The F360 (KOMET, Brasseler GmBH & Co., Lemgo, Germany) has a cross-section which resembles a double S. The file features a unique S-curve design and a thin instrument core to deliver outstanding cutting efficiency.

Dr. Yared has introduced the Reciproc (VDW, Munich Germany) system. The single-file NiTi system consists of three files, including the R25 (ISO 25; 8%), R40 (ISO 40; 6%), and R50 (ISO 50; 5%).[9]

WaveOne (Dentsply, Maillefer, Ballaigues, Switzerland) designated as a single file system is used to shape the root canal from start to end. The files run in a “balanced force” action.

Among the varied microflora of the root canal system, Enterococcus faecalis has been reported to be the frequently isolated microorganism in obturated root canals exhibiting chronic periapical pathology.[10] Its role in endodontic treatment failure is attributed to its ability to invade dentinal tubules and to persist any depriving conditions and its resistance to intracanal medicaments.[11]

In microbiology, a colony-forming unit (CFU, cfu, Cfu) is a unit used to estimate the number of viable bacteria or fungal cells in a sample.[12]

With the advent of such improved technology, the efficacy of various single-file systems can be studied and the amount of apical extrusion of intracanal bacteria can be quantified with precision. Hence, this study aimed at comprehending the apical extrusion of intracanal bacteria using four different single-file systems with the use of bacterial colony counting.

  Materials and Methods Top

Collection of study samples

Seventy-five freshly extracted human mandibular single-rooted premolar teeth were collected from the Department of Oral and Maxillofacial Surgery, Raja's Dental College, Tirunelveli, from patients who had undergone therapeutic extraction. All teeth were analyzed with digital radiographs (Satelec, Acteon, France) in buccal and proximal directions to check for a single canal.

All the collected teeth were then washed thoroughly in running water. Any debris, calculus, and soft-tissue remnants on the root surfaces were removed using a Gracey curette (Hu-Friedy Mfg. Co., LLC Chicago) and an ultrasonic scaler (Woodpecker, China). The organic and inorganic debris were removed by treating the teeth with 17% ethylene diamine tetraacetic acid (Nice chemicals Pvt. Ltd., Delhi, India) for 5 min, followed by 3% sodium hypochlorite (Nice chemicals Pvt. Ltd., Delhi, India) for 5 min and then placed in hydrogen peroxide (Nice chemicals Pvt. Ltd., Delhi, India) for 1 h. The cleaned teeth were then stored in normal saline (Nice chemicals Pvt. Ltd., Delhi, India) 0.9%, until use.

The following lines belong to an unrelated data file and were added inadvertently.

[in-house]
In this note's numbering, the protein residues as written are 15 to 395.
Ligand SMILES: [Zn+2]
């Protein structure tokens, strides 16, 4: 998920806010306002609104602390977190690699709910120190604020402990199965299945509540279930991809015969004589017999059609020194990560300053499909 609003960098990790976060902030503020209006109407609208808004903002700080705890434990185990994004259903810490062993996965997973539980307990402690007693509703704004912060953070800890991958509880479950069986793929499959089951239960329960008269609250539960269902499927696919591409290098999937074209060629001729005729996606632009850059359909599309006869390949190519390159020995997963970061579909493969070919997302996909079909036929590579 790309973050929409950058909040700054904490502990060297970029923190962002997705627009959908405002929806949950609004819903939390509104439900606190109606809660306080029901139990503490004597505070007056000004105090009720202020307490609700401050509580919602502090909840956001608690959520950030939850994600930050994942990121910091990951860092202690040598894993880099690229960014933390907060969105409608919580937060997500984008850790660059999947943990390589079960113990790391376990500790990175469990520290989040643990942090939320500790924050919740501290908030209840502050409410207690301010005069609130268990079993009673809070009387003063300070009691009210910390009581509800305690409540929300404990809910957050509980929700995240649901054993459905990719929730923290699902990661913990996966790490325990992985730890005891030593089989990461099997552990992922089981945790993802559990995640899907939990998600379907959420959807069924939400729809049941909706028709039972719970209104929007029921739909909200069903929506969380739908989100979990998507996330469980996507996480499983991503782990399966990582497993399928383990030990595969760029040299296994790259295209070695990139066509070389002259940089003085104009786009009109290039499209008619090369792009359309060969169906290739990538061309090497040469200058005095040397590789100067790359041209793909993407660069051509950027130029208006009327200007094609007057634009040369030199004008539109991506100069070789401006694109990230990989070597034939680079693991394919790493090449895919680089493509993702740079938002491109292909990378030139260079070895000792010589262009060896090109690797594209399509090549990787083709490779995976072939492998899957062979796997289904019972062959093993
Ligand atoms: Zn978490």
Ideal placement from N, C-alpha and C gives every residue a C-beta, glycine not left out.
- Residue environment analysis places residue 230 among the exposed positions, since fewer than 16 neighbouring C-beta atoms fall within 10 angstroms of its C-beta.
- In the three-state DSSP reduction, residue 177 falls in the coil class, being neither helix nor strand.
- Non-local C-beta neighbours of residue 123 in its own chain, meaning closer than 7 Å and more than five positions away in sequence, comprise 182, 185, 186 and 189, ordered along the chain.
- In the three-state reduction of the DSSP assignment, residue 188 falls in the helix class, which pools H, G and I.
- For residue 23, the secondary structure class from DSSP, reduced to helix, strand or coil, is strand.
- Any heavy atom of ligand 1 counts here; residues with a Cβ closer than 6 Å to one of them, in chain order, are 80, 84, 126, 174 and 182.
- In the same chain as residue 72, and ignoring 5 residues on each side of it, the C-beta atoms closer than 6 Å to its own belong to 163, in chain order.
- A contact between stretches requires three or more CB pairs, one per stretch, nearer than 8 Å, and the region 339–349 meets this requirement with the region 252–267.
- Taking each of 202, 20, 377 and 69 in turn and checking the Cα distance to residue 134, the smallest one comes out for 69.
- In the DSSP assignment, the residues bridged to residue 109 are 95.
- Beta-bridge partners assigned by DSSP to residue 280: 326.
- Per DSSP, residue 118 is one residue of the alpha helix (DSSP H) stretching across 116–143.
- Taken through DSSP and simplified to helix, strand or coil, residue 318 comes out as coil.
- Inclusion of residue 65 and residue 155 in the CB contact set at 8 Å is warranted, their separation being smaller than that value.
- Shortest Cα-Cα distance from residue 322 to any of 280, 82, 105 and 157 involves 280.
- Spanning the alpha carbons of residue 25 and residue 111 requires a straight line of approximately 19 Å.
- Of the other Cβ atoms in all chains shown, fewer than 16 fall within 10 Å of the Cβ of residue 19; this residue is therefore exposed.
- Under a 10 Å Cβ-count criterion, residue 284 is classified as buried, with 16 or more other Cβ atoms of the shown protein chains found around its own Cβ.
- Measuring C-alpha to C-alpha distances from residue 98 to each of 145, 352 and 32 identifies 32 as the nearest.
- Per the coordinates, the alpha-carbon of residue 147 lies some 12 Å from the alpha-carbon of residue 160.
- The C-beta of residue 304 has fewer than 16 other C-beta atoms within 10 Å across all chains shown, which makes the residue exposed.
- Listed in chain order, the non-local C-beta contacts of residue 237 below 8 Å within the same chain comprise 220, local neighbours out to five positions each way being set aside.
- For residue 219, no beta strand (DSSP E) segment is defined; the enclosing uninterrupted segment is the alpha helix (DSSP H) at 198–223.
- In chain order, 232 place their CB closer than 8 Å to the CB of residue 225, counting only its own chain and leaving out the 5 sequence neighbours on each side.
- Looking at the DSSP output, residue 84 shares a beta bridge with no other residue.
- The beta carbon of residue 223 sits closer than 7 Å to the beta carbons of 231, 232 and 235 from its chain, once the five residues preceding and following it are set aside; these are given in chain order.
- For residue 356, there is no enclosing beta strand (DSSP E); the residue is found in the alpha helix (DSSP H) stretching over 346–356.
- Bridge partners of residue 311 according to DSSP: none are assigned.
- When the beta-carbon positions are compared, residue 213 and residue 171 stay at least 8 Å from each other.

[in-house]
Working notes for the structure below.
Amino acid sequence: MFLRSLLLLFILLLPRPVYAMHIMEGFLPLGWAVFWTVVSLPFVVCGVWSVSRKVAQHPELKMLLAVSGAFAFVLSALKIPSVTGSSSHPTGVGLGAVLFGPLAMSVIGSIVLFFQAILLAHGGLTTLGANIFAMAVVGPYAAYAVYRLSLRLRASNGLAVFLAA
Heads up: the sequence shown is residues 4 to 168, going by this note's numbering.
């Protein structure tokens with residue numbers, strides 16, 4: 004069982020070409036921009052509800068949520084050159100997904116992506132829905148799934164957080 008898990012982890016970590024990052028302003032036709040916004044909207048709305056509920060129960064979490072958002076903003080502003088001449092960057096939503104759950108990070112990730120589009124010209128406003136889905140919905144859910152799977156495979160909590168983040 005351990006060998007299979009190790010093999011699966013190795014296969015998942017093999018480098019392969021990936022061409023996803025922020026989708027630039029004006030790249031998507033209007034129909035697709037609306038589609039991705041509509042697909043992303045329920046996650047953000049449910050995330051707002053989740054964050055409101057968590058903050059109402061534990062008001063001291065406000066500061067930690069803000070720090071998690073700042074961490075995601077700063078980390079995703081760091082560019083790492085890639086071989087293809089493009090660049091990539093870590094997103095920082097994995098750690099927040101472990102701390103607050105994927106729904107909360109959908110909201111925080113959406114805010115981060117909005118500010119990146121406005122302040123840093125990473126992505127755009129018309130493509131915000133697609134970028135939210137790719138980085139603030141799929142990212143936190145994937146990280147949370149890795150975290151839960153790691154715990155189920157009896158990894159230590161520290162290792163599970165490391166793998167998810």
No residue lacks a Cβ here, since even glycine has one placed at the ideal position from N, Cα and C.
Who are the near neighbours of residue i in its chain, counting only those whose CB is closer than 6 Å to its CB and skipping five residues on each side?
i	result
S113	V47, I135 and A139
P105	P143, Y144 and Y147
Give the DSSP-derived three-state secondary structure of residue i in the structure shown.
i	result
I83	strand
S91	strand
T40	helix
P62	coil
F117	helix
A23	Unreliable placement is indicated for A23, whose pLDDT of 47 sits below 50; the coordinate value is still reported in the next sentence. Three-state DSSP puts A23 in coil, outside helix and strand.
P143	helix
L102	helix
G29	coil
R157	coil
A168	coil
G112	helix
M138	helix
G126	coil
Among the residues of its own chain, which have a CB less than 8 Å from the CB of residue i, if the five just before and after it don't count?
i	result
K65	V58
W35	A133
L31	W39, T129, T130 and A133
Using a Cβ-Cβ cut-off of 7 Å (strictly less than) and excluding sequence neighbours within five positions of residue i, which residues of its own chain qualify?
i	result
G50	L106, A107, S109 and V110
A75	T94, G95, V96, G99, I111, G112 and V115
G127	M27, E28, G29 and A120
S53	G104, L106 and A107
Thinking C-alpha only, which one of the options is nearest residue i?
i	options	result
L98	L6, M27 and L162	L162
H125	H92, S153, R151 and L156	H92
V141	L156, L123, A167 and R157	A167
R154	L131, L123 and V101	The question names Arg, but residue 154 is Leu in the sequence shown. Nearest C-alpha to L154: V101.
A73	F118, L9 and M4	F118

Canal preparation

The buccal cusp edge of each tooth was then flattened as a reference point. Conventional access to the root canals was obtained using access preparation bur (Dentsply Maillefer, Ballaigues, Switzerland) with a high-speed handpiece (NSK, Corporation, Japan). A 15 K-file (Mani Inc., India) was introduced till the tip emerges at the apex, and the length of the root canal space was estimated. The working length was fixed at 0.5 mm short of this estimated value. The remnant pulpal tissue from the canal was removed using a 15H file (Mani Inc., India).

Sterilization of the test samples and glass vials

Subsequently, all the teeth and glass vials were sterilized by autoclaving at the recommended 121°C, 15 lbs for 15 min using a digital autoclave in a self-sealable autoclave pouch (Inlab Equipment, Chennai, India).

Test apparatus

Holes were created in the stoppers of vials, and the teeth were inserted under pressure through the stoppers, which were fixed to the cementoenamel junction by means cyanoacrylate. A bent 27-gauge needle was also forced alongside the stopper to use as a drainage cannula, balance between the air pressure inside and outside the vials. The vials were filled with 27 ml of 0.9% NaCl till the apex of the tooth mounted in the vial through the rubber stopper.

Bacterial growth and teeth contamination

The test organism that was used in this study was E faecalis. Twenty-four-hour colonies of a pure culture of E. faecalis (MTCC 439) were obtained. E. faecalis was grown in nutrient agar (HiMedia, Mumbai, India). Then, it was suspended in 5 ml of nutrient broth and incubated for 24 h at 37°C. The density of E. faecalis was adjusted to the turbidity of 0.5 McFarland standard against a ruled paper, which can be comparable with a bacterial suspension of 1.5 × 108 CFU/ml. All the 75 teeth were contaminated with the E. faecalis organism.